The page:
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Flap Over Shelling Artillery System

Defense Secretary Donald H. Rumsfeld said Thursday he intends to cancel an $11 billion program to develop a new artillery gun for the Army, a move that revealed a possible rift between Rumsfeld and Army Secretary Thomas White, who wants to save the program.

CBS News National security Correspondent David Martin reports the fate of the Crusader Artillery System has also suddenly become a test case of Rumsfeld's ability to transform the American military.

Without mentioning names, Rumsfeld said he was looking into reports that Army officials had gone behind his back to Congress in hopes of building political pressure to rescue the project.

"I have a minimum of high regard for that kind of behavior," Rumsfeld told reporters.

Rumsfeld's comment about behind-the-scenes maneuvering over the future of the artillery project suggested he felt his authority as the Pentagon's top civilian official was being challenged.

It also raised questions about White's future. He is under political pressure as a result of his contacts with Enron Corp. officials during the company's collapse last year. White had headed Enron Energy Services, a subsidiary, before he became Army secretary.

The Army's Inspector General was ordered to investigate the back door lobbying, but one Senate supporter of the Crusader project defended White.

"I think that's very unfair to Secretary White to accuse him of lobbying on the Hill," said Sen. James Inhofe, R-Okla.

Loren Thompson, a defense expert at the Lexington Institute, a think tank, said the flap over Crusader may well be the final straw for White, a decorated Vietnam veteran.

"Mr. White has finally found a matter of principle on which to depart," Thompson said in an interview.

Col. Tom Begines, an Army spokesman, said he had no comment on the matter.

The conflict over Crusader is part of a wider battle Rumsfeld has waged with the Army and other services since he took office last year and pledged to transform the military to meet 21st century challenges.

In a related development, the Pentagon's top weapons buyer said there no longer is any question of canceling the Air Force's F-22 new-generation stealth fighter. Pete Aldridge, the undersecretary of defense for acquisition, said the only question is whether the Pentagon will buy all 339 planes the Air Force says it needs. Some in the Pentagon believe fewer than 200 are needed.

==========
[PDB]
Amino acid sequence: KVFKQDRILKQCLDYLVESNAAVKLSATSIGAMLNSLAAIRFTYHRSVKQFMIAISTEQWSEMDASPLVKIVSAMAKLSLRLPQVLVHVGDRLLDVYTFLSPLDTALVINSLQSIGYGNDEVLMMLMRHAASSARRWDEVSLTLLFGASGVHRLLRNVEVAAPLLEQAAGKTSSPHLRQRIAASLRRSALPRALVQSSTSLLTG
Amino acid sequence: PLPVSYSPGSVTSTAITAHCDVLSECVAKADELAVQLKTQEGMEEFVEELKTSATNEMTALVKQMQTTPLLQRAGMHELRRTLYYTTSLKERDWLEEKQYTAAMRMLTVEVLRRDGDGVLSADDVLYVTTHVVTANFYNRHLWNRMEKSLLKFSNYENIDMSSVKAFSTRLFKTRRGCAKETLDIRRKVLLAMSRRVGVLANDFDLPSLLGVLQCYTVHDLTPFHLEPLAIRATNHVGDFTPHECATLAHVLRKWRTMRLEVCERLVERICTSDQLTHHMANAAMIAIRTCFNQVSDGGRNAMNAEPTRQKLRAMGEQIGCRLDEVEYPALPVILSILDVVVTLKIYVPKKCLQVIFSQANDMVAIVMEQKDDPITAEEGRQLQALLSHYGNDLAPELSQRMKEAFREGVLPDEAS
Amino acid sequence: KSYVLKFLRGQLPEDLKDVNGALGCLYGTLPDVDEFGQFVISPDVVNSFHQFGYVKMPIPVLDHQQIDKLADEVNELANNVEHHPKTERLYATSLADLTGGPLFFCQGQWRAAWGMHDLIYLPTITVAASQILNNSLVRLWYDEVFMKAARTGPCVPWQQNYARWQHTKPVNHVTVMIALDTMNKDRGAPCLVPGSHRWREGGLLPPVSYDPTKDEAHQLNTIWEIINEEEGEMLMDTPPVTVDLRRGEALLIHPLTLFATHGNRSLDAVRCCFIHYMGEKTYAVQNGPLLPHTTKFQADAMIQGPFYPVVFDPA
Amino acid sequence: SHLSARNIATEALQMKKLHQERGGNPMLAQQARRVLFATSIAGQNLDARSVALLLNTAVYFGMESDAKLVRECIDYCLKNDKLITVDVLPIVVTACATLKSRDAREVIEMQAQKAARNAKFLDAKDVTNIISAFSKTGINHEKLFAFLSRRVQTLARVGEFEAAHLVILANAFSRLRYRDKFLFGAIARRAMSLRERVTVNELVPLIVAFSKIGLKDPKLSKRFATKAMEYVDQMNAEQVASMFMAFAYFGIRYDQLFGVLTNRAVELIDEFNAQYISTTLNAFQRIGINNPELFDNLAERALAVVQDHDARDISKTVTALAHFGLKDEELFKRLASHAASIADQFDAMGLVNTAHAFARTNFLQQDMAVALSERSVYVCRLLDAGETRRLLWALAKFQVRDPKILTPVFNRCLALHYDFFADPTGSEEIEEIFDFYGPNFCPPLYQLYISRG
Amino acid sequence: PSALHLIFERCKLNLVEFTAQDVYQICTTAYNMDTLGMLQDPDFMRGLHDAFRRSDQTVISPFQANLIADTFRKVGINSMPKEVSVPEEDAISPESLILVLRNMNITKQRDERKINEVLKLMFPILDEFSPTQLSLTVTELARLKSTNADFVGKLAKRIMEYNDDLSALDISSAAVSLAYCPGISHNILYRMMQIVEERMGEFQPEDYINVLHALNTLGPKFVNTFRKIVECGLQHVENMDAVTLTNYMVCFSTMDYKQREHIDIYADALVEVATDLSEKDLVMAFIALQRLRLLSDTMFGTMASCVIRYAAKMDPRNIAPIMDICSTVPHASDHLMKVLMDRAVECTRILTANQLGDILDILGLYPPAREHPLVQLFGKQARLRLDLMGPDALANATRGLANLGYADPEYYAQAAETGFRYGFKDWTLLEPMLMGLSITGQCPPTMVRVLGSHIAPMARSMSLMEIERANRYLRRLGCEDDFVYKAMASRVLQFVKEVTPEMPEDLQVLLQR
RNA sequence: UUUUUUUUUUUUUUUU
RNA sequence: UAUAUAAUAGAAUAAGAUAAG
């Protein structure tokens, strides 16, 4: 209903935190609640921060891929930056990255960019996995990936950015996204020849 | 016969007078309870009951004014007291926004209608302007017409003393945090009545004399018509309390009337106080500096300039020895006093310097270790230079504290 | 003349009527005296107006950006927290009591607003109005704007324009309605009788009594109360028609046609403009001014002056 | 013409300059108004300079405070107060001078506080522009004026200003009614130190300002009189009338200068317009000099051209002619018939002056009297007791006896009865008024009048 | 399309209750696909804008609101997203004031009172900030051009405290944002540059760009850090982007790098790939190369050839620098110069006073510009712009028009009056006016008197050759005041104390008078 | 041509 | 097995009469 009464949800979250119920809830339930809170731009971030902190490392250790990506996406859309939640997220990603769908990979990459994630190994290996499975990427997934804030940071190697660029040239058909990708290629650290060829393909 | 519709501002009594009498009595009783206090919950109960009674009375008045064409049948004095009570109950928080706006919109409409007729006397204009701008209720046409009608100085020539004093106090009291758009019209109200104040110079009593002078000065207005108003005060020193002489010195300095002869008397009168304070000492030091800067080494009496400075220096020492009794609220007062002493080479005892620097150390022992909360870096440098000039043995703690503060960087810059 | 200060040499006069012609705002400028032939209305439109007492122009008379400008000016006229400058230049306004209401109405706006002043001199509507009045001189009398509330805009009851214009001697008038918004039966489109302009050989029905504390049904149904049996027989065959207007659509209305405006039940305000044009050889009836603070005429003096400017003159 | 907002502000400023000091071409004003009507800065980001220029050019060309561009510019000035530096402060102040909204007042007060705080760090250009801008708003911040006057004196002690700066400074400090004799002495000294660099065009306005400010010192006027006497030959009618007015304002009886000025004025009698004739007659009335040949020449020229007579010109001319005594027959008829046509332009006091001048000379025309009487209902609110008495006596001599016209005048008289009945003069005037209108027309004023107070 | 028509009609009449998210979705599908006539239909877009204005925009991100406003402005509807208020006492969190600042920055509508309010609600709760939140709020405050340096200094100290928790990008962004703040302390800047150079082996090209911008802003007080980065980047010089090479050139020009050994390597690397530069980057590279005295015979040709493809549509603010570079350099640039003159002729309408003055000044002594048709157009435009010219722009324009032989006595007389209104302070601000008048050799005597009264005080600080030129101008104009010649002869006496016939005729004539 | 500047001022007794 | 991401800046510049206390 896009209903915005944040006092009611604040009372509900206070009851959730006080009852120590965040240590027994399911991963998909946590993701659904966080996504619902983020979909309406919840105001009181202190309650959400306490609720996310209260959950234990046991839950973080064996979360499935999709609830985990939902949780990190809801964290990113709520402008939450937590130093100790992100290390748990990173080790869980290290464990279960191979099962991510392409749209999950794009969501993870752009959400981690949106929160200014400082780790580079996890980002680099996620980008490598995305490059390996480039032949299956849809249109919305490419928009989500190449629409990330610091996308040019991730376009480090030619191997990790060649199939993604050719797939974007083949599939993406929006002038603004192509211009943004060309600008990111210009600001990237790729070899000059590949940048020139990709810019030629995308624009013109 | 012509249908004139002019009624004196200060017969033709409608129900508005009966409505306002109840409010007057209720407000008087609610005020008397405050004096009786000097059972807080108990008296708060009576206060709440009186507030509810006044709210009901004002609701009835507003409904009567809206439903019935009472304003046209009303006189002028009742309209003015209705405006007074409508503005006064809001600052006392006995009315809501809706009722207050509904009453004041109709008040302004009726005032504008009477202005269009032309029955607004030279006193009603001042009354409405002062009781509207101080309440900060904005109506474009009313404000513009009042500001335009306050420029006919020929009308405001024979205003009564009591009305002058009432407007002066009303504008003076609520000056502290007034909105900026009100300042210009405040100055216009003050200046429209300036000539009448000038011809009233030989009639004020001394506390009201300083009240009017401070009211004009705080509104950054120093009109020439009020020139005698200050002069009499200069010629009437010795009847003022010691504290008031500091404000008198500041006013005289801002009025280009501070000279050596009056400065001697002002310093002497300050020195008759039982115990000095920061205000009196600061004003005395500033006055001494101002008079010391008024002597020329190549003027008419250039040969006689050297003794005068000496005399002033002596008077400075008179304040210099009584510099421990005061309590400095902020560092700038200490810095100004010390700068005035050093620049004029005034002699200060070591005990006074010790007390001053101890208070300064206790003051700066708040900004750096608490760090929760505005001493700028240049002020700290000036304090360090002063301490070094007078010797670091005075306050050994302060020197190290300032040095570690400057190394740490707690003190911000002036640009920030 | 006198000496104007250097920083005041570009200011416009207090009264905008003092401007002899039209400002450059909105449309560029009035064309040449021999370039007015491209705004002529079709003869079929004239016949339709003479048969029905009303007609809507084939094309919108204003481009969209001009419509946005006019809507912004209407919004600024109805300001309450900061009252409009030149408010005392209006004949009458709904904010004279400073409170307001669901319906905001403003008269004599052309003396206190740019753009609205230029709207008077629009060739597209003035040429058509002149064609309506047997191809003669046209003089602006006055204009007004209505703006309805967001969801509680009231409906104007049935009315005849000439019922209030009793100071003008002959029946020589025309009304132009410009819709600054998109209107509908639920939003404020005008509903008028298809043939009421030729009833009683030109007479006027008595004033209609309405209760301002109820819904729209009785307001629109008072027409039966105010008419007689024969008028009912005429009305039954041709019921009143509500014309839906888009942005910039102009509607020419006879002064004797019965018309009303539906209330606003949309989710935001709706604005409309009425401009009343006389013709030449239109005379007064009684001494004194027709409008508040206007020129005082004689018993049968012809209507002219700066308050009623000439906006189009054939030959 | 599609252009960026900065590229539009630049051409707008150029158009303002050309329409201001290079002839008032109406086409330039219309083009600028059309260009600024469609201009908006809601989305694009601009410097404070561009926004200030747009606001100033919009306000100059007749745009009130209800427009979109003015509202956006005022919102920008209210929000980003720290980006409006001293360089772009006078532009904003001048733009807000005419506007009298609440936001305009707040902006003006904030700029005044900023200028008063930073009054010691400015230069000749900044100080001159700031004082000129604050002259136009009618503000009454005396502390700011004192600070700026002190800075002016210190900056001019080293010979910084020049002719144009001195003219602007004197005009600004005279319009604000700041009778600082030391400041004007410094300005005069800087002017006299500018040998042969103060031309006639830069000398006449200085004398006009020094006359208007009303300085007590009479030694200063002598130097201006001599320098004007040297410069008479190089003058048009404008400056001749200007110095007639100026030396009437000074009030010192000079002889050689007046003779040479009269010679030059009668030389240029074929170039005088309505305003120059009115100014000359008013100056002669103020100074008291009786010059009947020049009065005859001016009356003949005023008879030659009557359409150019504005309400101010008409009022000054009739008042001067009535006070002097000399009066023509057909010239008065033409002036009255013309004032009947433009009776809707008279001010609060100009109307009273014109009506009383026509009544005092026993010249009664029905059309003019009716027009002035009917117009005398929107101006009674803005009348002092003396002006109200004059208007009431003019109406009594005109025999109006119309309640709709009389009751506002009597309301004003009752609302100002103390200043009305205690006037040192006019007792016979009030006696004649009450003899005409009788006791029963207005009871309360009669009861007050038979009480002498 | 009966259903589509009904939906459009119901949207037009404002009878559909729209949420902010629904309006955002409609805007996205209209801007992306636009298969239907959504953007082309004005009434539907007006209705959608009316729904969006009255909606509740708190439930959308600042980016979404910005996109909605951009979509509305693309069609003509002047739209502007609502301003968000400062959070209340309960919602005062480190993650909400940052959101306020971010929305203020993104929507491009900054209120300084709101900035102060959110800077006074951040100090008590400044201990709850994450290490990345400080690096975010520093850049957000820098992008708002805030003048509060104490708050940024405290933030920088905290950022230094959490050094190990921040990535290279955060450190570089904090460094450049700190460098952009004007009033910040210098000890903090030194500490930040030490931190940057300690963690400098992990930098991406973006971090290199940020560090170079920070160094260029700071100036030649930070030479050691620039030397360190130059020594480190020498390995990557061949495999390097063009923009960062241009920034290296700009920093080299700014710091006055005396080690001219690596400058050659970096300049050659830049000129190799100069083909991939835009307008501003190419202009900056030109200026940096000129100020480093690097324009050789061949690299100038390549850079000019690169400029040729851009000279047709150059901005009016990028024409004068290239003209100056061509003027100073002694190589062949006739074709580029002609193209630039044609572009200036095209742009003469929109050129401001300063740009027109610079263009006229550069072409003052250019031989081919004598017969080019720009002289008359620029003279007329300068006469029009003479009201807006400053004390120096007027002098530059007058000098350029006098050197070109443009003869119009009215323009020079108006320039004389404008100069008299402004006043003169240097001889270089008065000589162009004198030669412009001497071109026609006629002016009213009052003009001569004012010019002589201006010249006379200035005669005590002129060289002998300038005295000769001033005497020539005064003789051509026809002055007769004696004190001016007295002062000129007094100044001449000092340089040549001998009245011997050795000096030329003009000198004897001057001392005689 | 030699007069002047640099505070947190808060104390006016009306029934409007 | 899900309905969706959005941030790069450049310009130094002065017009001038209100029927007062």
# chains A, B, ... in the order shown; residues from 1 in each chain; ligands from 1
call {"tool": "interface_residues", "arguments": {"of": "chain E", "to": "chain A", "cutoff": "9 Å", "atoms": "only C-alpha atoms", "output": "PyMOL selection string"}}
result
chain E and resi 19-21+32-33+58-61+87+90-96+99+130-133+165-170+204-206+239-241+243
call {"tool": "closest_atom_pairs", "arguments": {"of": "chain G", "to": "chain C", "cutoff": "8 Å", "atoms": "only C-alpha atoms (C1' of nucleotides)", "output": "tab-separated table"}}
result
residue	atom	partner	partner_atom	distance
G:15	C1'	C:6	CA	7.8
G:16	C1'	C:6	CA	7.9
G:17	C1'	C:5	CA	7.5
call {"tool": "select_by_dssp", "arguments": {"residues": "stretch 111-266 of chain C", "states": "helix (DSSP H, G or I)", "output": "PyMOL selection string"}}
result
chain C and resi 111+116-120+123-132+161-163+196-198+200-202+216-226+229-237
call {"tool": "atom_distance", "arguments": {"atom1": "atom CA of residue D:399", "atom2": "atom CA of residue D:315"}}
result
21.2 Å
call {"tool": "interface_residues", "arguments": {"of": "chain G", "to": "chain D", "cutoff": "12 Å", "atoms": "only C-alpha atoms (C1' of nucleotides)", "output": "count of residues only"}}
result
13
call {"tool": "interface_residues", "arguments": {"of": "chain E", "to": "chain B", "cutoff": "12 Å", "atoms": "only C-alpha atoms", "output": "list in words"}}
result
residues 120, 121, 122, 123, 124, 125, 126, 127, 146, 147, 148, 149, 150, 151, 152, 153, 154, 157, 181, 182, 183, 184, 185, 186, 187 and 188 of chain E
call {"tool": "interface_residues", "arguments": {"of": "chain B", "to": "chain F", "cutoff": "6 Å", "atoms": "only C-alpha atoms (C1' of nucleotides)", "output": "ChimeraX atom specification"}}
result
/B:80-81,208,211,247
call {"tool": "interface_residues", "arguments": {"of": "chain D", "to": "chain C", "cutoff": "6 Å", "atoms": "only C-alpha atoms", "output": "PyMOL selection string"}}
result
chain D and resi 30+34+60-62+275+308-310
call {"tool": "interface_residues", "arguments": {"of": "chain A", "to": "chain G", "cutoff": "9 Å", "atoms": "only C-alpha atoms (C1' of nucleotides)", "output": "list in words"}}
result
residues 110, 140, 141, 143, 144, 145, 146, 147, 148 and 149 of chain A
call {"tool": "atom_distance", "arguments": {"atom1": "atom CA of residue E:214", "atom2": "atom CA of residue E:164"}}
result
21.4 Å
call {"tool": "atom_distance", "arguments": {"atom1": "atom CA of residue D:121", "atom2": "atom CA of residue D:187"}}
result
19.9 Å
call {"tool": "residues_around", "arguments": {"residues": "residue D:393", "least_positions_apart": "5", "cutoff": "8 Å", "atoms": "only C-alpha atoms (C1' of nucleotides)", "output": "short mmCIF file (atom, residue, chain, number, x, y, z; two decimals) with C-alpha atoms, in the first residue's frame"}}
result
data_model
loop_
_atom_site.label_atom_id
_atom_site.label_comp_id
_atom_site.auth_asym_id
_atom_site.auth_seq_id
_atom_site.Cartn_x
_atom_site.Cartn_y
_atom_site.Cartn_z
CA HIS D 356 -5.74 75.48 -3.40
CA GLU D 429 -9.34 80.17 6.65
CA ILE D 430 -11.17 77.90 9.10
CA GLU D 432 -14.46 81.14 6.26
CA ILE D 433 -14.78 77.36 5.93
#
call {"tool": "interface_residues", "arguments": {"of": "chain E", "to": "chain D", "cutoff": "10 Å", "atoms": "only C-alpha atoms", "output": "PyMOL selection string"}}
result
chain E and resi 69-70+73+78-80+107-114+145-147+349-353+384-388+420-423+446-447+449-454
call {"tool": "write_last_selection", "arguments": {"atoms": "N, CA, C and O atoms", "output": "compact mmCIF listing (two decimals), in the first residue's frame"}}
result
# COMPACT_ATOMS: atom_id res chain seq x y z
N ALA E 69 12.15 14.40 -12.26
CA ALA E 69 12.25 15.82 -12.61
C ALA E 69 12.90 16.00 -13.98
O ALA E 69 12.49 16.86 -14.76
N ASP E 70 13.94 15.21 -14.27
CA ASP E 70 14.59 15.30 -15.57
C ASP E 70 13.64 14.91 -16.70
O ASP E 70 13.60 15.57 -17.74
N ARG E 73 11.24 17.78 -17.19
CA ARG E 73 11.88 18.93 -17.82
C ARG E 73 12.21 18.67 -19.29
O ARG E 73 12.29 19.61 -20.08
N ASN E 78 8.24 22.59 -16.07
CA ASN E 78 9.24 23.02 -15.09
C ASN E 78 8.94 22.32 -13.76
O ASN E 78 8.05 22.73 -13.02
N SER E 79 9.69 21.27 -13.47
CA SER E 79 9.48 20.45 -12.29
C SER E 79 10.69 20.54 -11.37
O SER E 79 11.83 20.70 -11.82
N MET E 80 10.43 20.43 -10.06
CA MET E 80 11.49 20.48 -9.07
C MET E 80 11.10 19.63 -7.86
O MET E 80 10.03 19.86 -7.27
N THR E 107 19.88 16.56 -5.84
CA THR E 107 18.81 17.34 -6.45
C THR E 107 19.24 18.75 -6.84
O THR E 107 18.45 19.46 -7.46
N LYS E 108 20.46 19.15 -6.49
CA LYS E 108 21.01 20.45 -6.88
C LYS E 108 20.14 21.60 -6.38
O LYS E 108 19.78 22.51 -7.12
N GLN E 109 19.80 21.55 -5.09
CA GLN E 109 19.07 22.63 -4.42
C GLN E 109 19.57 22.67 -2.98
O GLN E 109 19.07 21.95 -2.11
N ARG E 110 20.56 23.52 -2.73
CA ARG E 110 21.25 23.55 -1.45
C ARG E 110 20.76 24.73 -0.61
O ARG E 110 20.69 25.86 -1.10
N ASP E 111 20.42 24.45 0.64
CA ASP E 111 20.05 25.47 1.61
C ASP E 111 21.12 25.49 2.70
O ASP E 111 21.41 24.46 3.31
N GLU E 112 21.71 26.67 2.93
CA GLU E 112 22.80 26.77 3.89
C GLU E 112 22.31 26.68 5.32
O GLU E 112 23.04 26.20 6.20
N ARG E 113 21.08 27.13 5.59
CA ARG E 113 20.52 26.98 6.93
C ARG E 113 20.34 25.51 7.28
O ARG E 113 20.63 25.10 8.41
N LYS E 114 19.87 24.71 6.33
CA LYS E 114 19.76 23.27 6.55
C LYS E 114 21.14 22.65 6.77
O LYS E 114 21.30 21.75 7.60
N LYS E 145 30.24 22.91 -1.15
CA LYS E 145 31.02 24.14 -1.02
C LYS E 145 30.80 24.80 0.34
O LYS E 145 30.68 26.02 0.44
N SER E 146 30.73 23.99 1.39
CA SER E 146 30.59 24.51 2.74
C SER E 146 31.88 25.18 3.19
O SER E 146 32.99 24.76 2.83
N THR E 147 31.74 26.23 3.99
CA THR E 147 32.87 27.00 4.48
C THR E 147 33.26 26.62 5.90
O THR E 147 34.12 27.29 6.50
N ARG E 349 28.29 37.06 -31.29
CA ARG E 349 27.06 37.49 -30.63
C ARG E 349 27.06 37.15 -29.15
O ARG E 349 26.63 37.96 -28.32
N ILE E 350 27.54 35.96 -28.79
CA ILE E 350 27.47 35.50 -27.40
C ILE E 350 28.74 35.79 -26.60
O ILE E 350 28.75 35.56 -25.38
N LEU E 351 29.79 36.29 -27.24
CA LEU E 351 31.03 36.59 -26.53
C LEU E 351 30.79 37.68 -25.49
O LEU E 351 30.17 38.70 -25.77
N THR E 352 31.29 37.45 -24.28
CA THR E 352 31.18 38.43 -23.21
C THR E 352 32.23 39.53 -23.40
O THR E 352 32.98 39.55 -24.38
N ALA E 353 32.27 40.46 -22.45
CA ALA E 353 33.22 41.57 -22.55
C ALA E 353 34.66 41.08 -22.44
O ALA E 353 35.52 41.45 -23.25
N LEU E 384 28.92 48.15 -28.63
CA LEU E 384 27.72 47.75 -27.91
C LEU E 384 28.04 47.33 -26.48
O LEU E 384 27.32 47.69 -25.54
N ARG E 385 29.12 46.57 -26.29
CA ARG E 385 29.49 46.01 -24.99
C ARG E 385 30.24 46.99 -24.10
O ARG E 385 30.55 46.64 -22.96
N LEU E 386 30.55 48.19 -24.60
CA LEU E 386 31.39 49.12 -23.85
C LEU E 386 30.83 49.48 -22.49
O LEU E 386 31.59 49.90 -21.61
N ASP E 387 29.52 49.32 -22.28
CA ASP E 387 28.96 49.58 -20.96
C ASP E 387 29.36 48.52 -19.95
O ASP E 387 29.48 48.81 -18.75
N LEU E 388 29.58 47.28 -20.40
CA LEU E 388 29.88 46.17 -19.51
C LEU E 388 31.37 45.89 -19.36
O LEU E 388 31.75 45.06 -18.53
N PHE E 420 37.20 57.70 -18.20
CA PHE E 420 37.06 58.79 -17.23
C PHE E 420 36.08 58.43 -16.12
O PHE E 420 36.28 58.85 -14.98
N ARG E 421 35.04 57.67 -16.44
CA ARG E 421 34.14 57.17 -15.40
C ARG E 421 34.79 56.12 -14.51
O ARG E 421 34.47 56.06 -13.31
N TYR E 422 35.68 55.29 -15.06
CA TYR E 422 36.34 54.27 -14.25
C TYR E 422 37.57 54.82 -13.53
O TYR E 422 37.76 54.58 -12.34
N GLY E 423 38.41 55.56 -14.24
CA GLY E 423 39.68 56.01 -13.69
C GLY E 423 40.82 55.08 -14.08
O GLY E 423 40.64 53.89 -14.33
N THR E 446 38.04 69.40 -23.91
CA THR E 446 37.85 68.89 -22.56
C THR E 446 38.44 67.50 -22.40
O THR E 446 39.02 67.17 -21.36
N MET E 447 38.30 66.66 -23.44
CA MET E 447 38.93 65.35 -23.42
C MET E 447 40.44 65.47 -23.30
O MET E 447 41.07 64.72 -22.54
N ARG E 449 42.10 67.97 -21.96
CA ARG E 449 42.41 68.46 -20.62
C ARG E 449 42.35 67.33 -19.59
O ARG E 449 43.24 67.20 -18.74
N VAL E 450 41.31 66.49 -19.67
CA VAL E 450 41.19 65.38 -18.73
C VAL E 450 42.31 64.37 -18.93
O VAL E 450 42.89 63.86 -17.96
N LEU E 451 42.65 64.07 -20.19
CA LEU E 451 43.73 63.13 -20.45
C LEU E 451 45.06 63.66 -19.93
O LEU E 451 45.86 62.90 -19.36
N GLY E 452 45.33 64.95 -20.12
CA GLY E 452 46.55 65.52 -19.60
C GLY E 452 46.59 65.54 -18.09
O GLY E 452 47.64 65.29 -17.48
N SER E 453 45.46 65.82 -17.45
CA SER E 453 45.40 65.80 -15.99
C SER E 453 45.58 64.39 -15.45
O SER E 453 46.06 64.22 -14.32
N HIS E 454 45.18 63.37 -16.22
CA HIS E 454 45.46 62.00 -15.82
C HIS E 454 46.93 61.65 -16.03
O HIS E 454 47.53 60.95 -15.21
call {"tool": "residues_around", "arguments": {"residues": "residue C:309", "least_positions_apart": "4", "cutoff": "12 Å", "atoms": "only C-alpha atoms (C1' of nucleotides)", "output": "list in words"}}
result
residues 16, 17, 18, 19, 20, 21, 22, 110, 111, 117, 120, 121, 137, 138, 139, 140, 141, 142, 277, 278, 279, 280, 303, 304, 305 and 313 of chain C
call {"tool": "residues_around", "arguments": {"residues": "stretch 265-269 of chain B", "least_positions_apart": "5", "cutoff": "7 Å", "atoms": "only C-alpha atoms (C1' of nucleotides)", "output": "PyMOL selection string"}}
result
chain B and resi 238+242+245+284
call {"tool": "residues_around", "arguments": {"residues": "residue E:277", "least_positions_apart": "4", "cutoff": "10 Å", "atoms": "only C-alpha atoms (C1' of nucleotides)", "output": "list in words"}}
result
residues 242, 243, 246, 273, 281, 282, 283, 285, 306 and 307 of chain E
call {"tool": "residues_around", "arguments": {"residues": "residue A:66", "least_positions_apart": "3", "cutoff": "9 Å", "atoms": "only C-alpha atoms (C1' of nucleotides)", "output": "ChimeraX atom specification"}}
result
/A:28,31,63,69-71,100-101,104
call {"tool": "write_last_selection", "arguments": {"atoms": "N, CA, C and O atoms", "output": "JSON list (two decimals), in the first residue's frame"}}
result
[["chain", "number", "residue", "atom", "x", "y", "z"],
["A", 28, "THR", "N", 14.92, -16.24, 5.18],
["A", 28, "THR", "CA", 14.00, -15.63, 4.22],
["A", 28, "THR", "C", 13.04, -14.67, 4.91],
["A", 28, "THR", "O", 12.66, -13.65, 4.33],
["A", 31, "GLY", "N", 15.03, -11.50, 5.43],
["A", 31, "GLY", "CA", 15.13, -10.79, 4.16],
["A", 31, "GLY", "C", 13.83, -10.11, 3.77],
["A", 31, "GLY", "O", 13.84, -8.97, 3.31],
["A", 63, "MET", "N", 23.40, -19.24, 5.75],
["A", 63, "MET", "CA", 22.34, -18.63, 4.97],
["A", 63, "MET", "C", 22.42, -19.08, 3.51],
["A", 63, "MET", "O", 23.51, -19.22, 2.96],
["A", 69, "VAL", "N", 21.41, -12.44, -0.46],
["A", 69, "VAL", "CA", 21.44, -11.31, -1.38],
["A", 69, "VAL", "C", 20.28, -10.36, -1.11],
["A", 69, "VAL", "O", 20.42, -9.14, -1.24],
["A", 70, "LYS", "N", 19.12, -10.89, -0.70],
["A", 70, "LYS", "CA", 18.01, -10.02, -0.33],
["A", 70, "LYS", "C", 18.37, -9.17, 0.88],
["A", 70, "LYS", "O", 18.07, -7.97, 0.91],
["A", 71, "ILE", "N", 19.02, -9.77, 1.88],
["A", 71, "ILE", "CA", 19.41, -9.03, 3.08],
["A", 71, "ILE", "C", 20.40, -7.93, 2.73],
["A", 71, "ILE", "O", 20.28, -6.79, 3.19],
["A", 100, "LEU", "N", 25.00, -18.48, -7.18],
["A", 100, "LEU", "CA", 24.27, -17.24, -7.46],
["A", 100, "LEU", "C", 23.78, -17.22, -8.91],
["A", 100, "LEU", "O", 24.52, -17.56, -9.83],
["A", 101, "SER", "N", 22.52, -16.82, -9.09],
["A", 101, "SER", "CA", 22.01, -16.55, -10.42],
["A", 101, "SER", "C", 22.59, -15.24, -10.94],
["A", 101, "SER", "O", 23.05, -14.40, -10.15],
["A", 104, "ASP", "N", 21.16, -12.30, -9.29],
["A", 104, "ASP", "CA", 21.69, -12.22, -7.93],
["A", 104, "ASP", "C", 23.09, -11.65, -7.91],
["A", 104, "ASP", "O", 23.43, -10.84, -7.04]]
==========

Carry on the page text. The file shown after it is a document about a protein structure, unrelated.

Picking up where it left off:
Aldridge also announced that the Marine Corps will resume flight testing of its innovative but highly controversial V-22 Osprey. The hybrid helicopter-airplane was grounded in December 2000 after two crashes killed 23 Marines and raised tough questions about the aircraft's aerodynamics.

Rumsfeld has called into question the future of several major weapons programs, although canceling the Crusader would be the biggest and boldest move so far in his campaign to force change. Of the program's projected total cost of $11 billion, about $9 billion has yet to be invested.

"Crusader now becomes a symbol of whether Rumsfeld's priorities will prevail or not," Thompson said.

The Army considers the Crusader vital to its strategy for modernizing U.S. land forces and transforming them to a lighter, more mobile force. The Crusader is a 155mm self-propelled howitzer that has undergone initial tests of its firing capabilities and is scheduled to enter service in 2008.

Rumsfeld said he was told Wednesday that his aides had instructed White to produce a study by the end of May on alternatives to Crusader — "that would assume that Crusader was canceled." Once the study's results were in hand, a final decision on Crusader would be made, he said.

"It clearly suggests that that's the intention — to cancel it," Rumsfeld said.

Rumsfeld seemed disturbed by reports that the Army's office of legislative affairs had sought to fight the planned cancellation by preparing "talking points" for members of Congress to lobby for Crusader.

Asked by a reporter whether he believed that Army leaders were fighting a rearguard action against him, Rumsfeld said Deputy Defense Secretary Paul Wolfowitz was looking into that.

Rumsfeld made clear, however, that he expects Army leaders to fall in line once he makes decisions.

"Are you talking about every single human being in the Army is going to behave himself or herself? Not likely," he said. "Ought a president and a secretary of defense and a deputy secretary of defense be able to expect that the leadership ... will in fact be supportive once a decision is made? Of course."

In a separate session with reporters, Aldridge, the Pentagon's chief weapons buyer, said the Army should "let the secretary make up his mind as to what are the priorities for this department."

"To be on the Hill lobbying for a different approach I think is probably not appropriate," he added.

Crusader is being developed by United Defense Industries Inc., a defense contractor controlled by the Carlyle Group, an investment firm led by Frank C. Carlucci, a former secretary of defense.

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